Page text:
Researchers Find Connection Between Gender Diversity and Research Diversity

Londa Schiebinger, the John L. Hinds Professor of the History of Science at Stanford University and colleagues at Aarhus University in Denmark, recently published a paper proposing ways organizations can continue to encourage gender diversity while also supporting diversity in new research directions. The authors also suggest ways research organizations can create the conditions for diversity to flourish.

The researchers outline three kinds of diversity in their paper: diversity in research teams, diversity in research methods, and diversity in the questions being asked. Dr. Schiebinger believes that the three kinds of diversity are interconnected and that “improving one likely leads to improvements in the others.” For example, in areas like engineering, where women are vastly underrepresented, increasing diversity in methods and questions may result in more women gaining interest in the field.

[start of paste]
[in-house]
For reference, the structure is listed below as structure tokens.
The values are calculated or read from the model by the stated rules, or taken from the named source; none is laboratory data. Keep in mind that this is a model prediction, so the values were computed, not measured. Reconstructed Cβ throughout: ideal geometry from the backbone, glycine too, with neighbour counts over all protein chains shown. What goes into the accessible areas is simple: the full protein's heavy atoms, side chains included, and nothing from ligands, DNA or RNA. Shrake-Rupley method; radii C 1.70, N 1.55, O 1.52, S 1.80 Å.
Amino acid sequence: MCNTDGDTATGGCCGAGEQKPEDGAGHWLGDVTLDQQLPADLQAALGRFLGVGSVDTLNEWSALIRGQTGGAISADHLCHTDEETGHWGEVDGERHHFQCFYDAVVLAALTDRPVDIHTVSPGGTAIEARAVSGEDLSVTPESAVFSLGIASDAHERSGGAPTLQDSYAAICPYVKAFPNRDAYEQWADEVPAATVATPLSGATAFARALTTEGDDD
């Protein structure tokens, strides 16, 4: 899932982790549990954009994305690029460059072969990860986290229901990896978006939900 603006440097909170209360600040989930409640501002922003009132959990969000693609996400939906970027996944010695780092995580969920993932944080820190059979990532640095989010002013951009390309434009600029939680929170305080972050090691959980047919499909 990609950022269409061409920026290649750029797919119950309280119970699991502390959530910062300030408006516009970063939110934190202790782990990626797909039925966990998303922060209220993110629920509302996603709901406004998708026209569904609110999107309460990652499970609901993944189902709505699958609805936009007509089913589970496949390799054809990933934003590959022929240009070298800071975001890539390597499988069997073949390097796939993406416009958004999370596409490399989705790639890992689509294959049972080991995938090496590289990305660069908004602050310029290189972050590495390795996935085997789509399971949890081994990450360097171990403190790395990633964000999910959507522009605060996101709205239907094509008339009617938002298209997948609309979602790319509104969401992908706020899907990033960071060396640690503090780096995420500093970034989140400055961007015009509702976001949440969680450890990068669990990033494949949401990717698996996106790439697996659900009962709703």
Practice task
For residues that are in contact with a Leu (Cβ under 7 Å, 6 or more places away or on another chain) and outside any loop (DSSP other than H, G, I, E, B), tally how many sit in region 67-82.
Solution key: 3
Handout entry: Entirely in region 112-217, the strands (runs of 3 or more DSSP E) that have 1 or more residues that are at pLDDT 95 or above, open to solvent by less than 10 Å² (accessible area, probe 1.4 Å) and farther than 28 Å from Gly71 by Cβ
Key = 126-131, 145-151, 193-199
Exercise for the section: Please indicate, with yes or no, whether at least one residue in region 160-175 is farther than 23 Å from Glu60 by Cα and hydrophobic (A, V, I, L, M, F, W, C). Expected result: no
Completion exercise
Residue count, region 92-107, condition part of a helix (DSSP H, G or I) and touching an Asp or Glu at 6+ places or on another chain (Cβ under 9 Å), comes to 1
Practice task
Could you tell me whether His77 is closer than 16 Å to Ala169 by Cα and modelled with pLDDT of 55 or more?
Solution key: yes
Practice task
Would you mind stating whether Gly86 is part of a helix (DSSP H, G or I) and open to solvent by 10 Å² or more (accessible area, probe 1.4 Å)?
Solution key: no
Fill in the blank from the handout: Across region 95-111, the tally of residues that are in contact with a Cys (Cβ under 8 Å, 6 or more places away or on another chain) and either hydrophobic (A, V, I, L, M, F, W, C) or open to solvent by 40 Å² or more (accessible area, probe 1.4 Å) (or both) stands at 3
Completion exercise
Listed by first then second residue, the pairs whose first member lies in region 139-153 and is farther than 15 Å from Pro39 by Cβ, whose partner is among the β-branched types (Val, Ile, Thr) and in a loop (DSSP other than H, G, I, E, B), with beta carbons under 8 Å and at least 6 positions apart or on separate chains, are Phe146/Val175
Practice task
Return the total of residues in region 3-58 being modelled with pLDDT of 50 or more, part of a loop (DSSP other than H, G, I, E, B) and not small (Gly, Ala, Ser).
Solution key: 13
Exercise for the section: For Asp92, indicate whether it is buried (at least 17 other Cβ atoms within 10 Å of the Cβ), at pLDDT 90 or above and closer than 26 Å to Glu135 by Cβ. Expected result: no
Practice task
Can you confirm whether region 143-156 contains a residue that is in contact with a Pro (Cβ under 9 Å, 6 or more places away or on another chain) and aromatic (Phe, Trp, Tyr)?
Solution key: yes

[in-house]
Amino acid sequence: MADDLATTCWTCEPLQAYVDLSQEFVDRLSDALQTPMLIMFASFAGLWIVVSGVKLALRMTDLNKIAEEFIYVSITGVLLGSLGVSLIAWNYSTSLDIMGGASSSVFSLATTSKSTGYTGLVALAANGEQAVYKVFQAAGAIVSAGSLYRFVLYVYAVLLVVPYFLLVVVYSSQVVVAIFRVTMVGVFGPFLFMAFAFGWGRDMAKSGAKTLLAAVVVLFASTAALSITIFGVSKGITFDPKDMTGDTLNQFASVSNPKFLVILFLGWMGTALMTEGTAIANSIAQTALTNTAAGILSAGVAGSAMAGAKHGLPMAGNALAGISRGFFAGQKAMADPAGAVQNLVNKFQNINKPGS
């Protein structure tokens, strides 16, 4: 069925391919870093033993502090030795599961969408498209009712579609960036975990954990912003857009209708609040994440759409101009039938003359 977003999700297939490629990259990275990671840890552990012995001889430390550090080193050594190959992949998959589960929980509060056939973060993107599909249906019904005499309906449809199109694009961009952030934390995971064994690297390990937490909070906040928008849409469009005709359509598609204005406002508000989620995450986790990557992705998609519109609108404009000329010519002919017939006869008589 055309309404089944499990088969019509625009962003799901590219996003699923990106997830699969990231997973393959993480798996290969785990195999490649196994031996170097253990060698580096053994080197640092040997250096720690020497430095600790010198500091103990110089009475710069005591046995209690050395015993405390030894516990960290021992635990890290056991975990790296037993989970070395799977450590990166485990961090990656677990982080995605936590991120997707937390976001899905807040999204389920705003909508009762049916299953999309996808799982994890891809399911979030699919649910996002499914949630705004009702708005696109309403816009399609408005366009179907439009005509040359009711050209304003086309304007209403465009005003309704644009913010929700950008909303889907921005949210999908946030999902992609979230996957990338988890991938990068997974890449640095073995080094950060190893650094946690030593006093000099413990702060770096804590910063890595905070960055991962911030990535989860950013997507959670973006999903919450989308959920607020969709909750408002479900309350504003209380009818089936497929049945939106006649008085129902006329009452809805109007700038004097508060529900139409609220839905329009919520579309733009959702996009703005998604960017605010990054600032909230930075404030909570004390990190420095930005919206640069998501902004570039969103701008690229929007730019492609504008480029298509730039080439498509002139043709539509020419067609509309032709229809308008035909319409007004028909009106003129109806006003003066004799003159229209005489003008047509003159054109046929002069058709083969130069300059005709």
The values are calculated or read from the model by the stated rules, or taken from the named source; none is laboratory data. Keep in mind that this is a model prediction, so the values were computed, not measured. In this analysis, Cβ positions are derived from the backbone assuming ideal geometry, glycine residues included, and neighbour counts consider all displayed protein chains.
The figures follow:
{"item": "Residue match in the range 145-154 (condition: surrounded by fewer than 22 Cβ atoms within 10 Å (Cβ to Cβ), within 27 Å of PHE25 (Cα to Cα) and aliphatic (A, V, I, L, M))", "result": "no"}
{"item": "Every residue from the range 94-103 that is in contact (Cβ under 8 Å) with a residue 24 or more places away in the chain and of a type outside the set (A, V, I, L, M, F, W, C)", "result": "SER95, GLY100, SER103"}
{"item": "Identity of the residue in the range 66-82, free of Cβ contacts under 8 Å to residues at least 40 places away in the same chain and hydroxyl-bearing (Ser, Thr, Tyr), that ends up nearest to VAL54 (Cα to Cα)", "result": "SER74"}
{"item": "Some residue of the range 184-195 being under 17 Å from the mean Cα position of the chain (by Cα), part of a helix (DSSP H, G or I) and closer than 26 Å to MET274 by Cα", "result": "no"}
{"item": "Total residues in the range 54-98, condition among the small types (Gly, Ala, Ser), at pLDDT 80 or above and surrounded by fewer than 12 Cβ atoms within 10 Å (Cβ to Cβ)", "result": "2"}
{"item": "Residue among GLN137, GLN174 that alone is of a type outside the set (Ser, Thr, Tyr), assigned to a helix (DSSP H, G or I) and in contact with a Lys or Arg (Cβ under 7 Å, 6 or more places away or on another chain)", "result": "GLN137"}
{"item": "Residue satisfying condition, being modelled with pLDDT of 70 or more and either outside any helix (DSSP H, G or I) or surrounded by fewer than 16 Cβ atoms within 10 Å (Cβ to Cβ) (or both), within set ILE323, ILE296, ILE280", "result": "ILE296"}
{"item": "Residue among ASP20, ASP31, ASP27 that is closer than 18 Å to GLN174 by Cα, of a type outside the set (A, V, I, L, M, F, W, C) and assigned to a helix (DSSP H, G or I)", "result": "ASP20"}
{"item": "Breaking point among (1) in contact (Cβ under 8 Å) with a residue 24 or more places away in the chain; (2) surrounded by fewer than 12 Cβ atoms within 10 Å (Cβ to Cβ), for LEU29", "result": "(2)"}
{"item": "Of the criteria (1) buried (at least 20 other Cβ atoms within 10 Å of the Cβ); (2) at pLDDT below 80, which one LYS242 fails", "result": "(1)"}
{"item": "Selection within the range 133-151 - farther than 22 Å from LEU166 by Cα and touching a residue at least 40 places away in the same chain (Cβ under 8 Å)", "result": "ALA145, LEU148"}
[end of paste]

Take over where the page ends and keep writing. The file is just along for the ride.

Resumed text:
The authors hope that their analysis will encourage policy reforms at the National Science Foundation that will require research funded by taxpayer money to integrate sex and gender into the analysis. “You can think of gender as a variable and if you leave it out, you potentially miss something important in scientific research with human outcomes,” Dr. Schiebinger said. “While our study focused on gender diversity, we hope it contributes to a better understanding of the possible benefits associated with other types of diversity as well.”

Dr. Schiebinger holds a bachelor’s degree in English from the University of Nebraska and a master’s degree and Ph.D. both in history from Harvard University.

The study, “Making Gender Diversity Work for Scientific Discovery and Innovation,” was published on the website of the journal Nature Human Behaviour. It may be accessed here.

Filed Under: Research/Study


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